A follow-up study was undertaken five years later. Students’ school records were utilized to obtain information regarding their progress following the program. Students who participated in STEP showed long-lasting effects in the area of improved academic achievement and improved attendance. This study also showed that students who had been involved in STEP were less likely to have dropped out of school than a comparison group of non-STEP students.

A third study employed the STEP model in two high schools and three junior high schools serving rural and urban populations. The SES of these communities was predominantly lower to middle class. This study expanded the scope of outcomes by looking at indices of depression, self-concept, delinquency, substance abuse, grades, and achievement test scores. Researchers found that STEP students were more likely to avoid significant declines in grades and self-concept and were less likely than control students to exhibit behavioral/emotional problems.

The fourth study was a two-year longitudinal effort examining outcomes for students entering high school as well as those entering junior high school. The schools in the study represented a wide range of geographic, demographic, and structural characteristics. No students receiving special education services were included in this study. Results indicated students who participated in the intervention appeared better adjusted and showed improved academic performance compared to non-STEP students. The STEP students reported lower feelings of transition stress as well as better adjustment in relation to school and family and on measures of overall self-esteem. Indices of depression, anxiety, and delinquent behavior were also lower for STEP students. Grades and attendance for STEP students were higher than for non-STEP participants.

Manual or Training Available: No information was identified in the available material.


Felner, R. D., Brand, S., Adan, A. M., Mulhall, P. F., Flowers, N., Sartain, B., & DuBois, D. L. (1993). Restructuring the ecology of the school as an approach to prevention during school transitions: Longitudinal follow-ups and extensions for the School Transitional Environment Project (STEP). Prevention in Human Services, 10(2), 103-136.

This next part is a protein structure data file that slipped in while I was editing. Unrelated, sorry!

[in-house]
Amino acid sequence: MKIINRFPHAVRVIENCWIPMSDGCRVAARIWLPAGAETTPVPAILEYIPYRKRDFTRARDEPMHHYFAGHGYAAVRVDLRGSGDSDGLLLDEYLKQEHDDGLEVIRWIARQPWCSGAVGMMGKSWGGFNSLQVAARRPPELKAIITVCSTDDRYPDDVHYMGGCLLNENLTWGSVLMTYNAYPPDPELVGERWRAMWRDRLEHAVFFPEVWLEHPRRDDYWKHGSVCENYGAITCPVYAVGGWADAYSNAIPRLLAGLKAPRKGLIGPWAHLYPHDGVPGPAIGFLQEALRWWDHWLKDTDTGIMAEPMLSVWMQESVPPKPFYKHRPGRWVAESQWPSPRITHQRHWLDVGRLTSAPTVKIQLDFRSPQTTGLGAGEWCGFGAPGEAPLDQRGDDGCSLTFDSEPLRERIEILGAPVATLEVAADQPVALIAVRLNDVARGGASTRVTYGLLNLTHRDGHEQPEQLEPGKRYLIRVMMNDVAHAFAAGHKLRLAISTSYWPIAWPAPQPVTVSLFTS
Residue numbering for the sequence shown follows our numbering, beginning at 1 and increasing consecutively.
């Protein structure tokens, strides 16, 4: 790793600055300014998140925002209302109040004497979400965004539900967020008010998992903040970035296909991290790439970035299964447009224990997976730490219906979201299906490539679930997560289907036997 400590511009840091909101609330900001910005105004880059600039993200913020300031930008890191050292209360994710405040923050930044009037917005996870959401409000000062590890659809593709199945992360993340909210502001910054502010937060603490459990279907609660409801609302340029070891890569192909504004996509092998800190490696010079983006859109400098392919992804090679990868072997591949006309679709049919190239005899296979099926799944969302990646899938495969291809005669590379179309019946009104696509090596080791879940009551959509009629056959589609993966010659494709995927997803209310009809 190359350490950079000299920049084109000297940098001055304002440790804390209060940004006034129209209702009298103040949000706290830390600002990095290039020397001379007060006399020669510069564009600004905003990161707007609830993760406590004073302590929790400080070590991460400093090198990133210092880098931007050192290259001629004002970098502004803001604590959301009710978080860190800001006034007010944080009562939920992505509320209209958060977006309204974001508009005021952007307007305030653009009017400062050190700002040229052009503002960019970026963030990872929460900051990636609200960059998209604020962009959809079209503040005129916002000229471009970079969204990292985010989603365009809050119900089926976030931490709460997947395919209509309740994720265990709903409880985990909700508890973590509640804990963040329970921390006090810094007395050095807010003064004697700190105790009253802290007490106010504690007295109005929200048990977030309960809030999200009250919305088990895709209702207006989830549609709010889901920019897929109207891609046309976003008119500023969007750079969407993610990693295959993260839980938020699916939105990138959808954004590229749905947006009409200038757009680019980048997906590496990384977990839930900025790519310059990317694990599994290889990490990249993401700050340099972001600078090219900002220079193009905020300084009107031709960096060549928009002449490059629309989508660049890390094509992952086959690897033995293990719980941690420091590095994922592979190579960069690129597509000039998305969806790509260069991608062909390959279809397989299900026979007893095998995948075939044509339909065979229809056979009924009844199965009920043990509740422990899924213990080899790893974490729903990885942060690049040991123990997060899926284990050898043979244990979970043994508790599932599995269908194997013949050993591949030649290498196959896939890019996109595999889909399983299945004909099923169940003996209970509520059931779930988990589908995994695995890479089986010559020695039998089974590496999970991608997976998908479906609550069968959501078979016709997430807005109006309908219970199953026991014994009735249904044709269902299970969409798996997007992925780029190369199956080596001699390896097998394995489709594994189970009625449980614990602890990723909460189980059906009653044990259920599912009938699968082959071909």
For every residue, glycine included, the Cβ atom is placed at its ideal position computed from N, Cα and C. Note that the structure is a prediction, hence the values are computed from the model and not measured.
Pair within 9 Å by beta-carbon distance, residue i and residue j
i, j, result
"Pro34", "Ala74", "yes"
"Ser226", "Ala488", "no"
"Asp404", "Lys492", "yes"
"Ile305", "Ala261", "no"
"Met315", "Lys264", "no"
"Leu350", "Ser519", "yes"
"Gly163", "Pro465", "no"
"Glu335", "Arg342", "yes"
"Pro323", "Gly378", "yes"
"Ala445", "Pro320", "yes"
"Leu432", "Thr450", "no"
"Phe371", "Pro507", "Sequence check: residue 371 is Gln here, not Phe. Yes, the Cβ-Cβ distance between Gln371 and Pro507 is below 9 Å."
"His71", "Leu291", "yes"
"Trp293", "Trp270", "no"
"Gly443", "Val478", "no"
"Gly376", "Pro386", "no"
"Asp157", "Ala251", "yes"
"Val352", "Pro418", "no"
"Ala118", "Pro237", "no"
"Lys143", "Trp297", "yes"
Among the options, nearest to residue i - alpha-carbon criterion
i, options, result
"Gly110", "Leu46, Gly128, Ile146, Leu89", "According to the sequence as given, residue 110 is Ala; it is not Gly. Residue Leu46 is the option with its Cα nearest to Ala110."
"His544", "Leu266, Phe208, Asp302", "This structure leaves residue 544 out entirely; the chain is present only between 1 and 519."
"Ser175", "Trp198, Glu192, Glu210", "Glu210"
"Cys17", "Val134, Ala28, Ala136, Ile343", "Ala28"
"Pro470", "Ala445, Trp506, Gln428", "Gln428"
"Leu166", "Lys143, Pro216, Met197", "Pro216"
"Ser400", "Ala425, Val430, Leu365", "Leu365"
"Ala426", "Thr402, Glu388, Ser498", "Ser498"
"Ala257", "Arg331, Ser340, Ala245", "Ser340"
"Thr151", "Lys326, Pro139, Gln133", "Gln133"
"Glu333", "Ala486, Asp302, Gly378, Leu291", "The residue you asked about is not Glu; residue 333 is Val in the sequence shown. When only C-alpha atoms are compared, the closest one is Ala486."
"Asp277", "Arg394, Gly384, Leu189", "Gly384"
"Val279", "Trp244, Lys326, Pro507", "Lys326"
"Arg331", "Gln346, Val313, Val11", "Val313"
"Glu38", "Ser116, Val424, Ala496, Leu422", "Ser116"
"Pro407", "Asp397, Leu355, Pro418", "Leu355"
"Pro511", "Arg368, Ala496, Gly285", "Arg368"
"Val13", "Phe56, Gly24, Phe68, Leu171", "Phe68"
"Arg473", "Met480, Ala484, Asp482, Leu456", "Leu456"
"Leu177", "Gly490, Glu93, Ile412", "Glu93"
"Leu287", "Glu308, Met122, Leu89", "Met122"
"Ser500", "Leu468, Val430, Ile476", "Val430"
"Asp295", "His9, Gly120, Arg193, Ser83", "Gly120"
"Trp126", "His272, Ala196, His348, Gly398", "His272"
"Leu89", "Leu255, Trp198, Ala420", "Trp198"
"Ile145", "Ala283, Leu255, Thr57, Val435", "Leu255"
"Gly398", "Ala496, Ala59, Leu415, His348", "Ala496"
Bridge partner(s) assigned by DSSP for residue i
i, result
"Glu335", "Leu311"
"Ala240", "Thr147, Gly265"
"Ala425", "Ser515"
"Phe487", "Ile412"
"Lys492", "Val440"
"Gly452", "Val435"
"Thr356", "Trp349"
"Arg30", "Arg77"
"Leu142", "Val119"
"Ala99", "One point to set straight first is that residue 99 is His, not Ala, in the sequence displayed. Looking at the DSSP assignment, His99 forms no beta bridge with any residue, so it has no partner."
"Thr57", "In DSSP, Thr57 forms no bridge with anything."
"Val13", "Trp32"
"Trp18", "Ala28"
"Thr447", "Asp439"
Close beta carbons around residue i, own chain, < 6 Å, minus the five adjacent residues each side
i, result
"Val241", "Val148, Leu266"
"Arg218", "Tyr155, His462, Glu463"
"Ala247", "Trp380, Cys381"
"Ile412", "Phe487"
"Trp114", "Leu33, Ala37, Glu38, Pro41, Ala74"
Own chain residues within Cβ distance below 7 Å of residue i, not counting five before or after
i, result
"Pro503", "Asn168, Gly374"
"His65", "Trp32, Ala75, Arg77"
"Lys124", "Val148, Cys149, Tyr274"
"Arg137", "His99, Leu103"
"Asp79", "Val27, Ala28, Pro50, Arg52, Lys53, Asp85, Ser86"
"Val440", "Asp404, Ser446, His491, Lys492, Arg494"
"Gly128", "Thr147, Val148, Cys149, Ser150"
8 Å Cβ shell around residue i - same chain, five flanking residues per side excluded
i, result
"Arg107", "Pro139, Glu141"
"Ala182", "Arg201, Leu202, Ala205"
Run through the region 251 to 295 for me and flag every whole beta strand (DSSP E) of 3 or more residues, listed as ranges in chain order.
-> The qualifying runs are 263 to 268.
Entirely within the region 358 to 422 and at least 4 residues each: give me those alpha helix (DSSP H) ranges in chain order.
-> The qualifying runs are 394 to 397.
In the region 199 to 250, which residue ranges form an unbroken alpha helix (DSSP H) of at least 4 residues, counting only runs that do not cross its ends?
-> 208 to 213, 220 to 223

Contact Information:

Robert D. Felner, Ph.D.
Professor and Dean
College of Education and Human Development
ED 126D
University of Louisville
Louisville, KY 40292
Phone: 502-852-3235
E-mail: r.felner@louisville.edu

Table of Contents

Cover Page

Introduction & Getting Started

Part I: What Do We Know About Dropout Prevention?

Part II: How Were Sample Intervention Programs Selected?

  • The Need for Examples of Effective Interventions
  • Search Process & Initial Criteria
  • Raising the Bar
  • Final Parameters for Selection
  • Abstracts: Coding & Definitions

Part III: What Works in Dropout Prevention?

Part IV: Where Else Can I Go for More Information?

  • Related Resources & Organizations
  • Journal Articles & Related Publications
  • Web Sites Providing Data on Dropout Rates

Appendix: Reproducible Handouts on Dropout Prevention


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Citation: Lehr, C. A., Johnson, D. R., Bremer, C. D., Cosio, A., & Thompson, M. (2004). Essential tools: Increasing rates of school completion: Moving from policy and research to practice. Minneapolis, MN: University of Minnesota, Institute on Community Integration, National Center on Secondary Education and Transition.

Permission is granted to duplicate this publication in its entirety or portions thereof. Upon request, this publication will be made available in alternative formats. For additional copies of this publication, or to request an alternate format, please contact: Institute on Community Integration Publications Office, 109 Pattee Hall, 150 Pillsbury Drive SE, Minneapolis, MN 55455, (612) 624-4512, icipub@umn.edu.

This document was published by the National Center on Secondary Education and Transition (NCSET). NCSET is supported through a cooperative agreement #H326J000005 with the U.S. Department of Education, Office of Special Education Programs. Opinions expressed herein do not necessarily reflect the policy or position of the U.S. Department of Education Programs, and no official endorsement should be inferred. The University of Minnesota, the U.S. Department of Education, and the National Center on Secondary Education and Transition are equal opportunity employers and educators.